Hillary knew that her face was burning with a telltale red flush. She was breathless, and her eyes were flashing and angry. And she fully expected the white-haired woman to explode at her outburst.
But she didn't. She just sat there in silence. She sat and stared coolly at the young, freckled redhead who stood proudly in front of her, the nurse who had been sent by her very best friend in the world, Matilda Waverly.
Hillary waited in the deafening silence for the blow to fall, for her employer to send her abruptly away. She was already regretting her impulsive words, if only out of fear that an emotional upset could aggravate her patient's condition.
But Priscilla Scott said nothing for quite some time. And then, very slowly, the traces of a smile began to etch their way on her withered face. Her eyes were dancing.
Then she spoke.
"Now that we've gotten to know each other, Hillary, don't you think it's time we began to work?" She pointed to the doctor's folder that Hillary still clutched in her hand.
Hillary was dumbfounded. She stared into the clear and intelligent eyes of her employer. And slowly, the realization of what was going on dawned on her.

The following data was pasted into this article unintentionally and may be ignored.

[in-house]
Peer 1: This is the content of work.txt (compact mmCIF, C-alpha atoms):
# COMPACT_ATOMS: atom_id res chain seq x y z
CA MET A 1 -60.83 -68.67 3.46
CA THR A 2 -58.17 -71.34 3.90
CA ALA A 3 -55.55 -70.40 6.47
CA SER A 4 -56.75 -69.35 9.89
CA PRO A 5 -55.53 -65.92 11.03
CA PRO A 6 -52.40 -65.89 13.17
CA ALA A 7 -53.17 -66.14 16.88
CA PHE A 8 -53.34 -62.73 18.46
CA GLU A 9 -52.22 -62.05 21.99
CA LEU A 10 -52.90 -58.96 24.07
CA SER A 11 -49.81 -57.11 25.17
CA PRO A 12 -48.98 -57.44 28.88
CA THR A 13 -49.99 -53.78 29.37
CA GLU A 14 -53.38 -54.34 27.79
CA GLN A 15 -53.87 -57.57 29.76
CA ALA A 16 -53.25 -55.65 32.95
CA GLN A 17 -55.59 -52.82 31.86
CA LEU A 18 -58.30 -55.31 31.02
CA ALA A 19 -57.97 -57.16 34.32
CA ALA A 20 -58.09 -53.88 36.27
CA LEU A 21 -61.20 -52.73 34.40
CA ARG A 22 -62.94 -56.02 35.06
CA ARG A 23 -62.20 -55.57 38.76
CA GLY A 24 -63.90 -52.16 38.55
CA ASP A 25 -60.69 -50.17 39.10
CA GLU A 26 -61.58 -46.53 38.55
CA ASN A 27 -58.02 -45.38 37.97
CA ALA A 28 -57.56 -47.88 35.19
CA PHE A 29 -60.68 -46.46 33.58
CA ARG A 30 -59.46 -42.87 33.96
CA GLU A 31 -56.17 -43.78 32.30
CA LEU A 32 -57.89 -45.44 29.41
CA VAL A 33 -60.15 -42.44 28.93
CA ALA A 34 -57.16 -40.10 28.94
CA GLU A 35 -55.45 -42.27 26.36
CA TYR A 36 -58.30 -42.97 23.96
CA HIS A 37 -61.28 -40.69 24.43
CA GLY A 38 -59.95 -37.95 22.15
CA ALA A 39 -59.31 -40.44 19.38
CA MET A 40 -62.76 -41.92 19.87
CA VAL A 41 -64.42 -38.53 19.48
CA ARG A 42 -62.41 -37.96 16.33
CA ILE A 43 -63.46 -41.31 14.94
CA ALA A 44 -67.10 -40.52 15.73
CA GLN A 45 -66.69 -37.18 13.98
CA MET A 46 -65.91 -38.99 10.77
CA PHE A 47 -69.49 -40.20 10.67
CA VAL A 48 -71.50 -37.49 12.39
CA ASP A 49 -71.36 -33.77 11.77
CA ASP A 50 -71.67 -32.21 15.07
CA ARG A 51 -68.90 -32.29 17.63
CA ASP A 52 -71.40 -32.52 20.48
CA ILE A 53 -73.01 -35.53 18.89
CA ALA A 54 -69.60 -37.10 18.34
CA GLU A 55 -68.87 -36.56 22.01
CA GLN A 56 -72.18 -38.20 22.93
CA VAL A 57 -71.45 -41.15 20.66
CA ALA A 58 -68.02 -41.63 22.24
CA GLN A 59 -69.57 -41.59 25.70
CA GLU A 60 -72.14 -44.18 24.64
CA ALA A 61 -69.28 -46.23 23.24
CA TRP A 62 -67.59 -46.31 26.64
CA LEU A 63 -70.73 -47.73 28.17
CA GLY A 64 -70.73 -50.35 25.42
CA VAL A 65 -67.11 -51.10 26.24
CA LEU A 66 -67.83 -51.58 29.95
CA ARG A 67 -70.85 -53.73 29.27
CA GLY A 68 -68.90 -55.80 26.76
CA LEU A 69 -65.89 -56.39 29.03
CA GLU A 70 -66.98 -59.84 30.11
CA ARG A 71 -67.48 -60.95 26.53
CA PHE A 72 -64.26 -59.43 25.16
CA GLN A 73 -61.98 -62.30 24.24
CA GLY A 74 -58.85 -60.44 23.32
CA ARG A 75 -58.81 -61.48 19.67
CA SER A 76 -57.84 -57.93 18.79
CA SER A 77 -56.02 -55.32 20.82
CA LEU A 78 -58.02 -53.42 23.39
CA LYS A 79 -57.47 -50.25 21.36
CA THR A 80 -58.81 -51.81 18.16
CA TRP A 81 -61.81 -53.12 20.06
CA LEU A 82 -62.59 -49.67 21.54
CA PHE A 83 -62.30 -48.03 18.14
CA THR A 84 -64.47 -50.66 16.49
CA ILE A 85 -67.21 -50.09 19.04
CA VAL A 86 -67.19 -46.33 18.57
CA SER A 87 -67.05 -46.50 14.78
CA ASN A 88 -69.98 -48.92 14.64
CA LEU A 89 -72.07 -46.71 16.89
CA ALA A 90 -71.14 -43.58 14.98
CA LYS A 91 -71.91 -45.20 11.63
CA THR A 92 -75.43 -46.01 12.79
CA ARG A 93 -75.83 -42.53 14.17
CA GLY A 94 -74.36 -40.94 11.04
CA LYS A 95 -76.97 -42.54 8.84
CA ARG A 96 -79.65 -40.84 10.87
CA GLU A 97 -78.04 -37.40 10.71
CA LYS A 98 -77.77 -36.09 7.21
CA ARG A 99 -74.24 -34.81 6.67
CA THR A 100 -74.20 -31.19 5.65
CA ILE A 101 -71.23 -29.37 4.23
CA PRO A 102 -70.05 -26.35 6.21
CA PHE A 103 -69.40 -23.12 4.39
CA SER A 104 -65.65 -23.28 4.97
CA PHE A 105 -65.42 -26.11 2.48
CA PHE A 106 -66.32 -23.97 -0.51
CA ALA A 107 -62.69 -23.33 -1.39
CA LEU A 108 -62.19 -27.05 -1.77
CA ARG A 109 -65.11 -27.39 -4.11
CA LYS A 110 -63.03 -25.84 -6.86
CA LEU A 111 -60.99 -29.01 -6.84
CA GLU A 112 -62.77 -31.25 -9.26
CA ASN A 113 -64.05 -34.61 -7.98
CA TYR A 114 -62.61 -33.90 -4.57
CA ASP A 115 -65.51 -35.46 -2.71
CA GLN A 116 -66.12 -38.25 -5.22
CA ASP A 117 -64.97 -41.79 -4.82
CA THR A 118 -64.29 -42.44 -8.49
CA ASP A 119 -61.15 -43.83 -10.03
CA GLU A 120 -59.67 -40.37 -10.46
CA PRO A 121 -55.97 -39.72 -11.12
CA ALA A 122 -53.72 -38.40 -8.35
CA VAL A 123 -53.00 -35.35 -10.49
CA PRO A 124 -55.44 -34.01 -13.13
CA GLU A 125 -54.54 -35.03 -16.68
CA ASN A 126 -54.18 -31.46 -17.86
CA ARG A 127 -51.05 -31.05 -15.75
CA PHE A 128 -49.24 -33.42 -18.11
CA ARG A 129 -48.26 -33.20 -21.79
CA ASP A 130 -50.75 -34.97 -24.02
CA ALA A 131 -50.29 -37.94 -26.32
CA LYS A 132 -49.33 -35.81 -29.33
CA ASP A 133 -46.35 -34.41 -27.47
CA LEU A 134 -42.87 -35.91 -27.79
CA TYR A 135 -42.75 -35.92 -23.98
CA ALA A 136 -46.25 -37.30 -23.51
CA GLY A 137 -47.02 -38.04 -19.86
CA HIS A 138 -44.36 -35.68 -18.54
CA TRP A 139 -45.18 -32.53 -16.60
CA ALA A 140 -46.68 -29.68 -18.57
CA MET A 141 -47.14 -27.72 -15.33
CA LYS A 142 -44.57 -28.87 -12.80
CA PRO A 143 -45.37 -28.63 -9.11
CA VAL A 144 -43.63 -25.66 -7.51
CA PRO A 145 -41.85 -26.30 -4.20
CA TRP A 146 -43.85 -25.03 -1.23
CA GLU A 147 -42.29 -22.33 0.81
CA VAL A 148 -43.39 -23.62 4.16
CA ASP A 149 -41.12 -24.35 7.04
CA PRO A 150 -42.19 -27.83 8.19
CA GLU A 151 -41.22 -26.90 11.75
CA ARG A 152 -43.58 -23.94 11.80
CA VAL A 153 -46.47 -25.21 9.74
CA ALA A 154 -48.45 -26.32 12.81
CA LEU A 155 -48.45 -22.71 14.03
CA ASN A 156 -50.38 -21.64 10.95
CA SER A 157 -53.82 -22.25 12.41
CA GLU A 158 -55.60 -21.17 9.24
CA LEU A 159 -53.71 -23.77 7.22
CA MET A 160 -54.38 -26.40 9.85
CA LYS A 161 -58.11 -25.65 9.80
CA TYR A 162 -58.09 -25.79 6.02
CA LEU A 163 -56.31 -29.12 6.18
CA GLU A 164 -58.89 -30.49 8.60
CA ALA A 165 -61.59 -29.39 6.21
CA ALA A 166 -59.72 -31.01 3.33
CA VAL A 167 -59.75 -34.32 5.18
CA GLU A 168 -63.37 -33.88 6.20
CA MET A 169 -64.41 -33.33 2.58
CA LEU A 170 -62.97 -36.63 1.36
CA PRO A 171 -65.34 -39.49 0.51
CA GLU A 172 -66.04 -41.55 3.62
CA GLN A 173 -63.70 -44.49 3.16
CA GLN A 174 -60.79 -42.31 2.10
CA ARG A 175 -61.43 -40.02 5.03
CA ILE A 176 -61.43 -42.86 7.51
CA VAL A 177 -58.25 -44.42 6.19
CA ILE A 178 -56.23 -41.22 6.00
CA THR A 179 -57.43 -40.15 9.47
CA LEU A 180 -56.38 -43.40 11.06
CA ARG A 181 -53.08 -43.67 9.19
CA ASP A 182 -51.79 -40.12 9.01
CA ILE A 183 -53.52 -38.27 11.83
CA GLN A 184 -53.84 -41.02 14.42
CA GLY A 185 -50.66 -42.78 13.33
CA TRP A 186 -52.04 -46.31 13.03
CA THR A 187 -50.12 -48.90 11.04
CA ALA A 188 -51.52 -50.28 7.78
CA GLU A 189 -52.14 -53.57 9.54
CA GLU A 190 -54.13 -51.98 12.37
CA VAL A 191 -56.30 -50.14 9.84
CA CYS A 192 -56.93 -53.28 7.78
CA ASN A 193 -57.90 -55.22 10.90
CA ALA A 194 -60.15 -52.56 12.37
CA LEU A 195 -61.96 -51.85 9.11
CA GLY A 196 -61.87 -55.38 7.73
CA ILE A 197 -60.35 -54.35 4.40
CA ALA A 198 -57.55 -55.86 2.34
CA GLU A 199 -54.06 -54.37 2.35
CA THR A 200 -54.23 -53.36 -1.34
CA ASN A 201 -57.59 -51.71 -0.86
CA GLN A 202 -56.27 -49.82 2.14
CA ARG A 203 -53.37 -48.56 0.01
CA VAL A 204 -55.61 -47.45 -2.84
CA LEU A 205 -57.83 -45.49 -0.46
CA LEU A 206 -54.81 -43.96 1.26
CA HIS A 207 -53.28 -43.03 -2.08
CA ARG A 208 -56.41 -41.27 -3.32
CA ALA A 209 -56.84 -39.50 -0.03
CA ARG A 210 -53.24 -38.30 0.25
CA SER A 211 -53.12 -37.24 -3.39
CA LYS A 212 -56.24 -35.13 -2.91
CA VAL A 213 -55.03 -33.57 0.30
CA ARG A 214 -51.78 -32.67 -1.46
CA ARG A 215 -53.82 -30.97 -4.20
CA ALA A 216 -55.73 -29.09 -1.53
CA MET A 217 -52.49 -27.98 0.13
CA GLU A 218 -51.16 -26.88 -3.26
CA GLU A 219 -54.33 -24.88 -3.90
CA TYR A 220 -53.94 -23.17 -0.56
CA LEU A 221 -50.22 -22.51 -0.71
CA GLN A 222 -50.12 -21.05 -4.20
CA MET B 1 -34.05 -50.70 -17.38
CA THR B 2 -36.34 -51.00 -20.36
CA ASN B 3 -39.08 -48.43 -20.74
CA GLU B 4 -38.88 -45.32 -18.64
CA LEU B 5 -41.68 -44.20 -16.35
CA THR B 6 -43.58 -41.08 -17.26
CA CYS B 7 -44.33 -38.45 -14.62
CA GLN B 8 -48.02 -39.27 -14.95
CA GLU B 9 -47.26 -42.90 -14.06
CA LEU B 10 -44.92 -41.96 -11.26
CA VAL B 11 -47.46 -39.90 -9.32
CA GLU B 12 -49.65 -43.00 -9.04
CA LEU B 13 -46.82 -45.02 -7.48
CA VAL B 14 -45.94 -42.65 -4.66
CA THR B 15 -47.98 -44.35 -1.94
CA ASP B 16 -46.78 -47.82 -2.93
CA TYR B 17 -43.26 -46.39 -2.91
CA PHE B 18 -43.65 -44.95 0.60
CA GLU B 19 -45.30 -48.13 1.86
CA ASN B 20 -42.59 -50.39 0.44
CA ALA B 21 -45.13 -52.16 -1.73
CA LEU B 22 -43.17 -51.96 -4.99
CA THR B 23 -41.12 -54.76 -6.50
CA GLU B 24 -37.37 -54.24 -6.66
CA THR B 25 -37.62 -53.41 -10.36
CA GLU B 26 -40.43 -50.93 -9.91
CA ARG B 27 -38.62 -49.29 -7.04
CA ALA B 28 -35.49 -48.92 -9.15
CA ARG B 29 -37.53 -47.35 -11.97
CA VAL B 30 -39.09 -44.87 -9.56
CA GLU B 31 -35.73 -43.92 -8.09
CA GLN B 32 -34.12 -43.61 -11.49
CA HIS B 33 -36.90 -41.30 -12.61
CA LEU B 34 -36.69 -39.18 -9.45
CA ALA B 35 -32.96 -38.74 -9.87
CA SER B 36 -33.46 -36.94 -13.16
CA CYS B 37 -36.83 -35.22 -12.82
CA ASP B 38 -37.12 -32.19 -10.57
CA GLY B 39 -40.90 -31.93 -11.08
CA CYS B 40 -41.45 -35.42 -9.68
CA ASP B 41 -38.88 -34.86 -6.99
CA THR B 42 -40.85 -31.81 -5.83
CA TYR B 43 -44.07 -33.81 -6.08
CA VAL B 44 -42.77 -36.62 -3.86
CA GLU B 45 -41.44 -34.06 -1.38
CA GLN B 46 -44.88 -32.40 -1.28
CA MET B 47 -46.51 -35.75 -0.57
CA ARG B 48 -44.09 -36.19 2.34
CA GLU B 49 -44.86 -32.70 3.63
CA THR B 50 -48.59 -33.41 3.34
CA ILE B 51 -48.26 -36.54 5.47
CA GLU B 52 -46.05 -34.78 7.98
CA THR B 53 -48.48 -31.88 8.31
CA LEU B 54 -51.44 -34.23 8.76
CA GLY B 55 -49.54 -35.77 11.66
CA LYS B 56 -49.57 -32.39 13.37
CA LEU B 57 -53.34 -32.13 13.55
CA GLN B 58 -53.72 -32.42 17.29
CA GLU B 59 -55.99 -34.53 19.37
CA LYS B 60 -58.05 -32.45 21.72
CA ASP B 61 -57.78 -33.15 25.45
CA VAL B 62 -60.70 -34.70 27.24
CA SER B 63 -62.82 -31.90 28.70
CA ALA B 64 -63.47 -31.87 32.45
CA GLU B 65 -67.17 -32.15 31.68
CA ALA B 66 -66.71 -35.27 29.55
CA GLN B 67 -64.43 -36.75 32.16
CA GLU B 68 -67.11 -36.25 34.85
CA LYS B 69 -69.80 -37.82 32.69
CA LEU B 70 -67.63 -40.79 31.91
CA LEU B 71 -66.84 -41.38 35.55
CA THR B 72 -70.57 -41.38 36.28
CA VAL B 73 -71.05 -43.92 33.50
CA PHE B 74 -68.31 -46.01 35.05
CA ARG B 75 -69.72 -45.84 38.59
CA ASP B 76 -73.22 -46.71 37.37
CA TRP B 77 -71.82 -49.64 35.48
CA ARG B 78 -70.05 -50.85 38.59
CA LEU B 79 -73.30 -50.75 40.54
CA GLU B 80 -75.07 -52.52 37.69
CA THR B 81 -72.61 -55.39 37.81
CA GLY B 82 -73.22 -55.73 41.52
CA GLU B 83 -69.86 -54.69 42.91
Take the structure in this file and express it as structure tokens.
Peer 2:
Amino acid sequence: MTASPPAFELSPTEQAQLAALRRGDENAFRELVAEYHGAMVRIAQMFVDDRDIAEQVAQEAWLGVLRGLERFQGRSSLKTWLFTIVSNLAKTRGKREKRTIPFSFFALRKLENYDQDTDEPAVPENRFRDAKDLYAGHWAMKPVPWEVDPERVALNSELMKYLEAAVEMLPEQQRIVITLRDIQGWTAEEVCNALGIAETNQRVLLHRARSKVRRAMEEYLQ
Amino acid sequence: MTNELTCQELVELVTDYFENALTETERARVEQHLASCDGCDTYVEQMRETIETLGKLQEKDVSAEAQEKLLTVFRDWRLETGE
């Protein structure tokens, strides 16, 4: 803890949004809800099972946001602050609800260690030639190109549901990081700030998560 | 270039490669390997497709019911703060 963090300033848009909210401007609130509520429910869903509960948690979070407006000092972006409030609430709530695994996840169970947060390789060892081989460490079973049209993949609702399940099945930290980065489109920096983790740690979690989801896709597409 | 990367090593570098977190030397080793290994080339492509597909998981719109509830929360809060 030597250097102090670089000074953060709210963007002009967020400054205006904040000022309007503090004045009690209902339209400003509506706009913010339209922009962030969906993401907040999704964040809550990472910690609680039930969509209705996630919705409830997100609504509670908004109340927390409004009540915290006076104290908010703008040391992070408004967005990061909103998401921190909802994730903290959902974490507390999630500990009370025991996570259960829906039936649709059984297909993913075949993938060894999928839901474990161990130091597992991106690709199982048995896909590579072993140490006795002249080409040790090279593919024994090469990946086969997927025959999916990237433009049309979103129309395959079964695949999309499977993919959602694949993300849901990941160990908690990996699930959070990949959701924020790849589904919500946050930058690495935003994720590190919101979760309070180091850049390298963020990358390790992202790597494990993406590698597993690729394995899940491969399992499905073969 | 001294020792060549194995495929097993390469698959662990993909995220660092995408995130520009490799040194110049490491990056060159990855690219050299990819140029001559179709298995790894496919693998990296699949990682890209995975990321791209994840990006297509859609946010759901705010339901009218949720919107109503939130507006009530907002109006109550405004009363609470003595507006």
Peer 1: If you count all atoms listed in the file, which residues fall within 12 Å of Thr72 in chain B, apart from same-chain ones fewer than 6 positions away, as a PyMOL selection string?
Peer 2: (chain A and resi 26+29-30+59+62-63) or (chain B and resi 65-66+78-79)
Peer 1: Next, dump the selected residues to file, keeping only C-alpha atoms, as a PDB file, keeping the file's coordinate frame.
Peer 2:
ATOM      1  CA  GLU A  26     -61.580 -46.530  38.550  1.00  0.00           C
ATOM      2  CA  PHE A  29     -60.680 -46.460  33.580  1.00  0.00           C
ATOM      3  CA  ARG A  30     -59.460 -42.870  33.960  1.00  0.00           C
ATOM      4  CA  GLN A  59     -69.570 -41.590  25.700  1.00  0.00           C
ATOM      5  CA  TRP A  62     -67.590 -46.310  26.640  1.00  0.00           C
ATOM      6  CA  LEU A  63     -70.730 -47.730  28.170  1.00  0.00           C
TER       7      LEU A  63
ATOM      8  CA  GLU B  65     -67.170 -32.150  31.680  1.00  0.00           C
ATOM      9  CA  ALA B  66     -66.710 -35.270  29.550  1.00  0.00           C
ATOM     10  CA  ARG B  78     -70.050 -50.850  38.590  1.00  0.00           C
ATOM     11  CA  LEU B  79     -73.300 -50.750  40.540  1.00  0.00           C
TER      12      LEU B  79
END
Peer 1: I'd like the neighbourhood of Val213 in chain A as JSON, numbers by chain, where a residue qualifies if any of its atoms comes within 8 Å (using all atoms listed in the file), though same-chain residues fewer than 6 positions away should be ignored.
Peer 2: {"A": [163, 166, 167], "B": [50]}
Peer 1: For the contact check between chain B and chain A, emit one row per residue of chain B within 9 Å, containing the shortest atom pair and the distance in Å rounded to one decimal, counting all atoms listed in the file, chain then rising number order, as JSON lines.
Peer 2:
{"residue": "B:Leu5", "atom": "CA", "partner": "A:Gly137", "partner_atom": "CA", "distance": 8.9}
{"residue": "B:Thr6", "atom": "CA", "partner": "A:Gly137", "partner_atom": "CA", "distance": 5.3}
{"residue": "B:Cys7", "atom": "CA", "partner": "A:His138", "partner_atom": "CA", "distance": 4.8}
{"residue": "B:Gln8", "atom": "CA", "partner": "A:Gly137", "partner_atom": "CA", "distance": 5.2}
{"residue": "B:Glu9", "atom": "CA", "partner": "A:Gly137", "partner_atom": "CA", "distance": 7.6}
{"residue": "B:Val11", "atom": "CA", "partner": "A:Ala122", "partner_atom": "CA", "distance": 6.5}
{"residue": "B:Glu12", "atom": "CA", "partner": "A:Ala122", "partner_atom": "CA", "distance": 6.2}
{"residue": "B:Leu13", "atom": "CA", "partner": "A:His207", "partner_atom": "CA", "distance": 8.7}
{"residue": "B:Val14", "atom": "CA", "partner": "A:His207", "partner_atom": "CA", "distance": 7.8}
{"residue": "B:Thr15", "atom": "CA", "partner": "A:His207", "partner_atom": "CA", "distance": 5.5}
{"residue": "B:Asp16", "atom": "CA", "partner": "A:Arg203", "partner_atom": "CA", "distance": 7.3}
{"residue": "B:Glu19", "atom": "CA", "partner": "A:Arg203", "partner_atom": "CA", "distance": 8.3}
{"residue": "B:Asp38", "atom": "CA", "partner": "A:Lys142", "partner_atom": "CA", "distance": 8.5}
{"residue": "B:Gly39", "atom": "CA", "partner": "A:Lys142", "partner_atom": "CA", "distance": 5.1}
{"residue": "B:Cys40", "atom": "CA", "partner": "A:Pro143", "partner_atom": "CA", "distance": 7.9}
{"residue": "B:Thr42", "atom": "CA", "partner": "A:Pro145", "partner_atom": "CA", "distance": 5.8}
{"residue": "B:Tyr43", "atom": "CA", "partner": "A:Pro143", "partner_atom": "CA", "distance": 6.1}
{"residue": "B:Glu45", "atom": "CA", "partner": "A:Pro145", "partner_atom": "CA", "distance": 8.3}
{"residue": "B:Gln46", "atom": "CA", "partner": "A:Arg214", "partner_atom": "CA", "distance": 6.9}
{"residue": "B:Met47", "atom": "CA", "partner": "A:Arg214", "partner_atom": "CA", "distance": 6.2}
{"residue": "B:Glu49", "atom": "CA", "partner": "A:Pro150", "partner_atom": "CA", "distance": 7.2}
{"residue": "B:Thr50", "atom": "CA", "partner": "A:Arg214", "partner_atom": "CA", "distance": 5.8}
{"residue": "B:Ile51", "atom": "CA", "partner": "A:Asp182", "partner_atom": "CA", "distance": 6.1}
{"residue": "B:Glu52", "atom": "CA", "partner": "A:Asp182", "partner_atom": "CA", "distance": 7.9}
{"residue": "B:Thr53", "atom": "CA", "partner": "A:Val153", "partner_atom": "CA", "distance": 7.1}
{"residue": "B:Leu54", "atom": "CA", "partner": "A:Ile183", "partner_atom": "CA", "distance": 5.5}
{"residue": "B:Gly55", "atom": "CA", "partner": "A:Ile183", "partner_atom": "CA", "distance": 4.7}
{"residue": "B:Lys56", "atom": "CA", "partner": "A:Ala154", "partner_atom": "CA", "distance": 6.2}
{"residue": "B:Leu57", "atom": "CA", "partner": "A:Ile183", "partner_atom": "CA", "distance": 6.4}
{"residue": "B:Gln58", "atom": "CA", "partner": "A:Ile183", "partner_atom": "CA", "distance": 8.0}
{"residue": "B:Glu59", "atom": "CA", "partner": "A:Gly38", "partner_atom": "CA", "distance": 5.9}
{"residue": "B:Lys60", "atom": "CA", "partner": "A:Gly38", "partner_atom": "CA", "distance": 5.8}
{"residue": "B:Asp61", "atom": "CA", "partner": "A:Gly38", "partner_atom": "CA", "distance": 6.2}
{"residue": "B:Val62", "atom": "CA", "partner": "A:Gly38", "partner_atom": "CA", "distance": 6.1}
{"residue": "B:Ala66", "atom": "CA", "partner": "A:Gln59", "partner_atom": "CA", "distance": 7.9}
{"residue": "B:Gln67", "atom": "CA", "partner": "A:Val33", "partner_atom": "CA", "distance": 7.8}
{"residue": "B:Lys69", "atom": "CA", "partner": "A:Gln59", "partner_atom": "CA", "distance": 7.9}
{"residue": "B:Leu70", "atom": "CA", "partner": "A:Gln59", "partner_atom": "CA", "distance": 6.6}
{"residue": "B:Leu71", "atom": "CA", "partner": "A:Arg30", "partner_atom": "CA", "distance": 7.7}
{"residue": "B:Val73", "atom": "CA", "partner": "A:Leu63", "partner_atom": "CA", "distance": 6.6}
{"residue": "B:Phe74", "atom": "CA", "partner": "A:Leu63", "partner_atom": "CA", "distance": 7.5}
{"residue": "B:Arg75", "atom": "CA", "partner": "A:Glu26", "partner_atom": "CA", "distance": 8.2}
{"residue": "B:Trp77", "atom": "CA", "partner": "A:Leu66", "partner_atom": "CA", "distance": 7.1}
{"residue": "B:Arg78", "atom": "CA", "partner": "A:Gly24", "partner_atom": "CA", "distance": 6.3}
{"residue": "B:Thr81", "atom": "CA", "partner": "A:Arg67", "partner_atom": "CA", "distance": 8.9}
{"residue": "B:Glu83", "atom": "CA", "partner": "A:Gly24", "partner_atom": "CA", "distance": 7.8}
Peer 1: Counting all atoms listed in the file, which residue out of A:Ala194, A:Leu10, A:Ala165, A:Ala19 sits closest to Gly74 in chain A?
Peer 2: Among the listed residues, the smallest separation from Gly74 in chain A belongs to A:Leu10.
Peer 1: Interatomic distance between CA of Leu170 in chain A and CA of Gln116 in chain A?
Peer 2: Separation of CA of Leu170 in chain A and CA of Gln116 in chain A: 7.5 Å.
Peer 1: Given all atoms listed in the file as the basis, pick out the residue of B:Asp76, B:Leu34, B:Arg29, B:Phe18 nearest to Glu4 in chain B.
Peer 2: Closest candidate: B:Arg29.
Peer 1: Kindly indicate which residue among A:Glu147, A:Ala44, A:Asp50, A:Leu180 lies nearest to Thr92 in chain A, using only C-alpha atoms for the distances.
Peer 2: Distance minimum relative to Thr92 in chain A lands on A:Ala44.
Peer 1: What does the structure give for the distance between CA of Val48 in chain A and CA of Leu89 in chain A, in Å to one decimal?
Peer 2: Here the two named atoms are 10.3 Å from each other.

"You just baited me, Priscilla Scott. Didn't you?"
The eyes smiled gleefully back at her.
"And it was such fun! My, I haven't had such a good time in ages." She chuckled in a low, throaty voice.
"To put it bluntly, Hillary Holt, because I had to see who you were. Because I had to see what kind of stuff you were made of. Because I had to make sure you were here on your own accord, an independent person, and not a little snip of a girl who was doing her great-aunt's bidding because her great-aunt held the purse strings."
"But I am here to please Miss Matilda," Hillary said honestly.
"Because you feel you owe her something. Which is admirable. But not because you're interested in the rest of her money. Which would not be uncommon. But if that were the case, then you would have cowered before me. You would have done whatever I demanded to stay in her good graces. You wouldn't have dared to risk it all!"
Hillary giggled now and sounded like a young girl. Despite her earlier anger, she felt herself warming toward her patient.
Miss Scott spoke again. "But you blew your cool. And so now I know that Matilda was, as usual, right in her judgment of character. Which is very, very fortunate for me."
Hillary shook her head in disbelief. "Miss Matilda doesn't know anything about me. Miss Scott. I've never even laid eyes on her."